A Killing in Antiques

A Killing in Antiques by Mary Moody

Book: A Killing in Antiques by Mary Moody Read Free Book Online
Authors: Mary Moody
quick hellos myself as I meandered over to a table occupied by two women. The one I knew, Mildred, sold and collected cut glass of the brilliant period. Exquisite stuff. A dish heaped with hash and home fries steamed on the plate in front of her. Both the hash and the home fries are served crispy on the outside and creamy on the inside at the Captain’s. It smelled wonderful.
    Mildred’s hair, currently maroon with pinkish roots, was exactly the same shade as the woman’s sitting across from her. Maybe it was the lighting in there. She introduced her companion as Muriel, her sister. Well, of course. I didn’t know Muriel, but as I took her in, I realized that I could have picked her out of a lineup. It was not just the matching hair and eyeglasses. The tilt of the head, the scarlet complexion, and the configuration of body mass also proclaimed their sisterhood.
    They could be twins, though no one said so. Muriel had a grilled cheese sandwich in front of her. She smiled, mumbled a quiet hello, and cast her eyes back down to the plate in front of her when Mildred introduced us. That made them different.
    Mildred, a retired schoolteacher, could have been the activities director on a cruise ship. She could have been a Realtor, or a radio talk show host. Muriel, in contrast, seemed somewhat inward. Before she retired, Mildred sold her glass from various antiques co-ops. After retirement she opened her wondrous jewel of a shop. It’s full of brilliant cut glass, which she accessorizes with a few unusual pieces of silver, and lights with sparkling crystal chandeliers. It’s a tiny but exquisite place. She calls it the Ice Palace.
    I said I’d had a poor day of buying, not up to my opening day standards, and that got us into a discussion of the day’s happenings.
    “The murder has us all off our feed,” Mildred said.
    She appeared to be having no trouble navigating heaping forkfuls of hash to her mouth as she spoke. I looked at her, puzzled. She looked back, rolled her eyes, and tilted her head toward Muriel. Muriel’s head was down, still concentrating on her plate. She was using her knife to scrape the toasty crust from the top of her sandwich. I had no idea what Mildred meant.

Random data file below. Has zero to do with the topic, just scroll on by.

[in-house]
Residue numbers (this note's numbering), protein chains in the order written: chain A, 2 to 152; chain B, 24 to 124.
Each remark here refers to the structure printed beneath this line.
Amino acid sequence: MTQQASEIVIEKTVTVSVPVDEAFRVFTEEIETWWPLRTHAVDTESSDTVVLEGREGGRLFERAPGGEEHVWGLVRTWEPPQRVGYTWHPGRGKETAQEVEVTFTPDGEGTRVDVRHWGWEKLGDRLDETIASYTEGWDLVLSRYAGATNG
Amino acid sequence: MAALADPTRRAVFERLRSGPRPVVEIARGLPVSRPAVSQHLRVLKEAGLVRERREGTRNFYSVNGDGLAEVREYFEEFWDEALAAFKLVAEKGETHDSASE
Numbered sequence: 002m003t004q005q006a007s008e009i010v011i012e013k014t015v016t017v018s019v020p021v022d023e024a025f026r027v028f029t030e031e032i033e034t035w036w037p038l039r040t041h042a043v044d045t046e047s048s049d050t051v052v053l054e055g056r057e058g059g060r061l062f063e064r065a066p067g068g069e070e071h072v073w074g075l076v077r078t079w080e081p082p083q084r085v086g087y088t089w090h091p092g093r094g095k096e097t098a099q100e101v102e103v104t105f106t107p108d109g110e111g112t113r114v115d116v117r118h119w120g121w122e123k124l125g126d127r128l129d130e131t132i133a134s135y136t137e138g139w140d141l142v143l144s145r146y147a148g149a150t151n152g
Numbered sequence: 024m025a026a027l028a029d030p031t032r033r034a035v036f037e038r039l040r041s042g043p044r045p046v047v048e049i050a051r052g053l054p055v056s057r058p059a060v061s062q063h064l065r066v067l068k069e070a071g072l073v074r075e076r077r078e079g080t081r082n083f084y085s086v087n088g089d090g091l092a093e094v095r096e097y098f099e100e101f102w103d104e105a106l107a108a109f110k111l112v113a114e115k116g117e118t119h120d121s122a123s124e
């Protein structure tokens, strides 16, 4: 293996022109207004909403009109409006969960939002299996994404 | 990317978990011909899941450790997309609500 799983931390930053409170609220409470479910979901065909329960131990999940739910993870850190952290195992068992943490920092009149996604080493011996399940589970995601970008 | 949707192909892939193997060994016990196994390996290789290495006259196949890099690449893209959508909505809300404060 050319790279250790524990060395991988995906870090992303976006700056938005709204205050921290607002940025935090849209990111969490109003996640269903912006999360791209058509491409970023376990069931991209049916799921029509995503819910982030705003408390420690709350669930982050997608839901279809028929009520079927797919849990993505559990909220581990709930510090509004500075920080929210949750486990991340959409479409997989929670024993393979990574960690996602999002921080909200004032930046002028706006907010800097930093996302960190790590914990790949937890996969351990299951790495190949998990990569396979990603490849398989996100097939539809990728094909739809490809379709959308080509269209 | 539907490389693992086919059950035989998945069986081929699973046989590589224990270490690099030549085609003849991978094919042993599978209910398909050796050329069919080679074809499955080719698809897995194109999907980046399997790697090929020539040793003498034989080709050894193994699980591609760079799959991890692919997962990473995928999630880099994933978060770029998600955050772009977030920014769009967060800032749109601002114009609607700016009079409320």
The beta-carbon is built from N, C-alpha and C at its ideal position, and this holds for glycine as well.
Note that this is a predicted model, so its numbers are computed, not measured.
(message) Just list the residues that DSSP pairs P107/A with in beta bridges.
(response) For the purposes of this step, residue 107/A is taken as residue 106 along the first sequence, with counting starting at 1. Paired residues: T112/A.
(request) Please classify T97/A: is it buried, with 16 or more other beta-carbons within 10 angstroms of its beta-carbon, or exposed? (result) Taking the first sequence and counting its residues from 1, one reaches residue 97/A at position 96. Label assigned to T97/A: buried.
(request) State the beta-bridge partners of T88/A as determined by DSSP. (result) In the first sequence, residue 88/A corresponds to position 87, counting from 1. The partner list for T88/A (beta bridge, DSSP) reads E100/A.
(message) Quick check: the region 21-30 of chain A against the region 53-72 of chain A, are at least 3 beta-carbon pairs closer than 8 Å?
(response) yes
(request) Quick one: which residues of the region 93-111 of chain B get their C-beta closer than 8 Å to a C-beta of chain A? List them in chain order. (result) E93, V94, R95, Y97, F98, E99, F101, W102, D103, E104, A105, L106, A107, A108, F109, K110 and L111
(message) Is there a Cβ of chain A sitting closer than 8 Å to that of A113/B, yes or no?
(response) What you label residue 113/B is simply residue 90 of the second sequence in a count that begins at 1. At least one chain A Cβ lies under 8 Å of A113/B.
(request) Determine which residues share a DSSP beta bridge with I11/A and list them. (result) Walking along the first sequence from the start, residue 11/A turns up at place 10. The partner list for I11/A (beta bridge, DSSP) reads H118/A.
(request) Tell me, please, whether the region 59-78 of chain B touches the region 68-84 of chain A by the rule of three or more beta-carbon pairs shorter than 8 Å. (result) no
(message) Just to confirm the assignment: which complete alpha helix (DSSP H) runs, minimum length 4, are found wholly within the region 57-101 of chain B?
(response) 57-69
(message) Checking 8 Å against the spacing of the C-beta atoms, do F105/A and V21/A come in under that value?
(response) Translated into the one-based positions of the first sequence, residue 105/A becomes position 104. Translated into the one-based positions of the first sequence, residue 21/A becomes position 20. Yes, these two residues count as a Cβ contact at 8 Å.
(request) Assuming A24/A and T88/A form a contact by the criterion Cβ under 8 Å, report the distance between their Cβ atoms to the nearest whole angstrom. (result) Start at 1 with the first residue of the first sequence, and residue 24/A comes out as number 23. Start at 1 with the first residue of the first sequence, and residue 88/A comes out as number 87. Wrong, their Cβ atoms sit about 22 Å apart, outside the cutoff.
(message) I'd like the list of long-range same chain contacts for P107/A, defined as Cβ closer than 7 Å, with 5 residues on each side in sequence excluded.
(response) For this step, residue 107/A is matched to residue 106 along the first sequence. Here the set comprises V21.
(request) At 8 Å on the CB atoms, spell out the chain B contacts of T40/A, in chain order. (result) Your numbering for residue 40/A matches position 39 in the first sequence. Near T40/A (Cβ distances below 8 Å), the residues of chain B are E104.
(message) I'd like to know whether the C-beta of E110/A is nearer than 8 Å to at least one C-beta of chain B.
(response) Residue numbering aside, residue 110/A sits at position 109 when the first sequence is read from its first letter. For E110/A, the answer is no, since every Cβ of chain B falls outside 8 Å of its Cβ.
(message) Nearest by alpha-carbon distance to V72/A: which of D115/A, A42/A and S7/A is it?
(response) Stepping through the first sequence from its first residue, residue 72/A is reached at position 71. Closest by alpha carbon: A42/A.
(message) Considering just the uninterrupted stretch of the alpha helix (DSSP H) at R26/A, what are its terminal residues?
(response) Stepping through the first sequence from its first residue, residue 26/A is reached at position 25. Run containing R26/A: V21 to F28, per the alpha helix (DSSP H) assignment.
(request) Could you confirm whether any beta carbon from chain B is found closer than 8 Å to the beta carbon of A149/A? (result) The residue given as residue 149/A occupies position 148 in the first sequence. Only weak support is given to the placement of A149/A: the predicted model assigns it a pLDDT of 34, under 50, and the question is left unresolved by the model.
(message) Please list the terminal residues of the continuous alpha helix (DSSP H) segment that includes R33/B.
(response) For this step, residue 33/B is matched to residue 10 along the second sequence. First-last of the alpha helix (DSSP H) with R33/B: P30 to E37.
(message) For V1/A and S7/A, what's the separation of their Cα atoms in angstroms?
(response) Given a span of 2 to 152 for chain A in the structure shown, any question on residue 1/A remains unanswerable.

“She’s feeling snarky,” Mildred said. “She’s upset because she thinks that I was the last person to see Monty alive.”
    Wow. “How do you figure that?”
    Muriel, still with her head down, was now cutting her sandwich into finger-sized strips. When she finished that, she turned her plate halfway around and began cutting the strips into cubes. She said nothing. So far she hadn’t taken a bite.
    “This morning at four o’clock, I had an appointment to look at a chandelier before anyone else,” Mildred said.
    “A hot prospect,” I said.
    She grinned. “I was on my tricycle wobbling my way toward Route 20, still half asleep in the dark, when I brushed by someone who said, ‘Watch it, Toots.’ The voice was unmistakable—it was Monty. We spoke briefly, and we both went our separate ways, and that was that.”
    “Did he say anything about where he was going, what he was doing?” I asked.
    “No, we only spoke for seconds.” She slapped her palms against the tabletop. “Nothing of substance. I wanted to be on time for that appointment. We said a quick hello, good-bye, and that’s what Muriel is so moody about. She thinks I should report that meaningless meeting to the police.”
    Mildred picked up her fork again, and Muriel sniffed. I turned her way; her eyes looked dry, her nose, too—maybe it was an editorial sniff.
    “That’s not much to report,” I said.
    “It’s nothing,” Mildred replied. “But if I went over to tell the police about it, I’m sure they’d want to make something of it.”
    Maybe Mildred was right. “Was Monty with anyone?” I asked.
    “No, and I’m sick to death of this discussion. We keep covering the same ground, but there’s nothing new to add. My sister doesn’t have enough to keep

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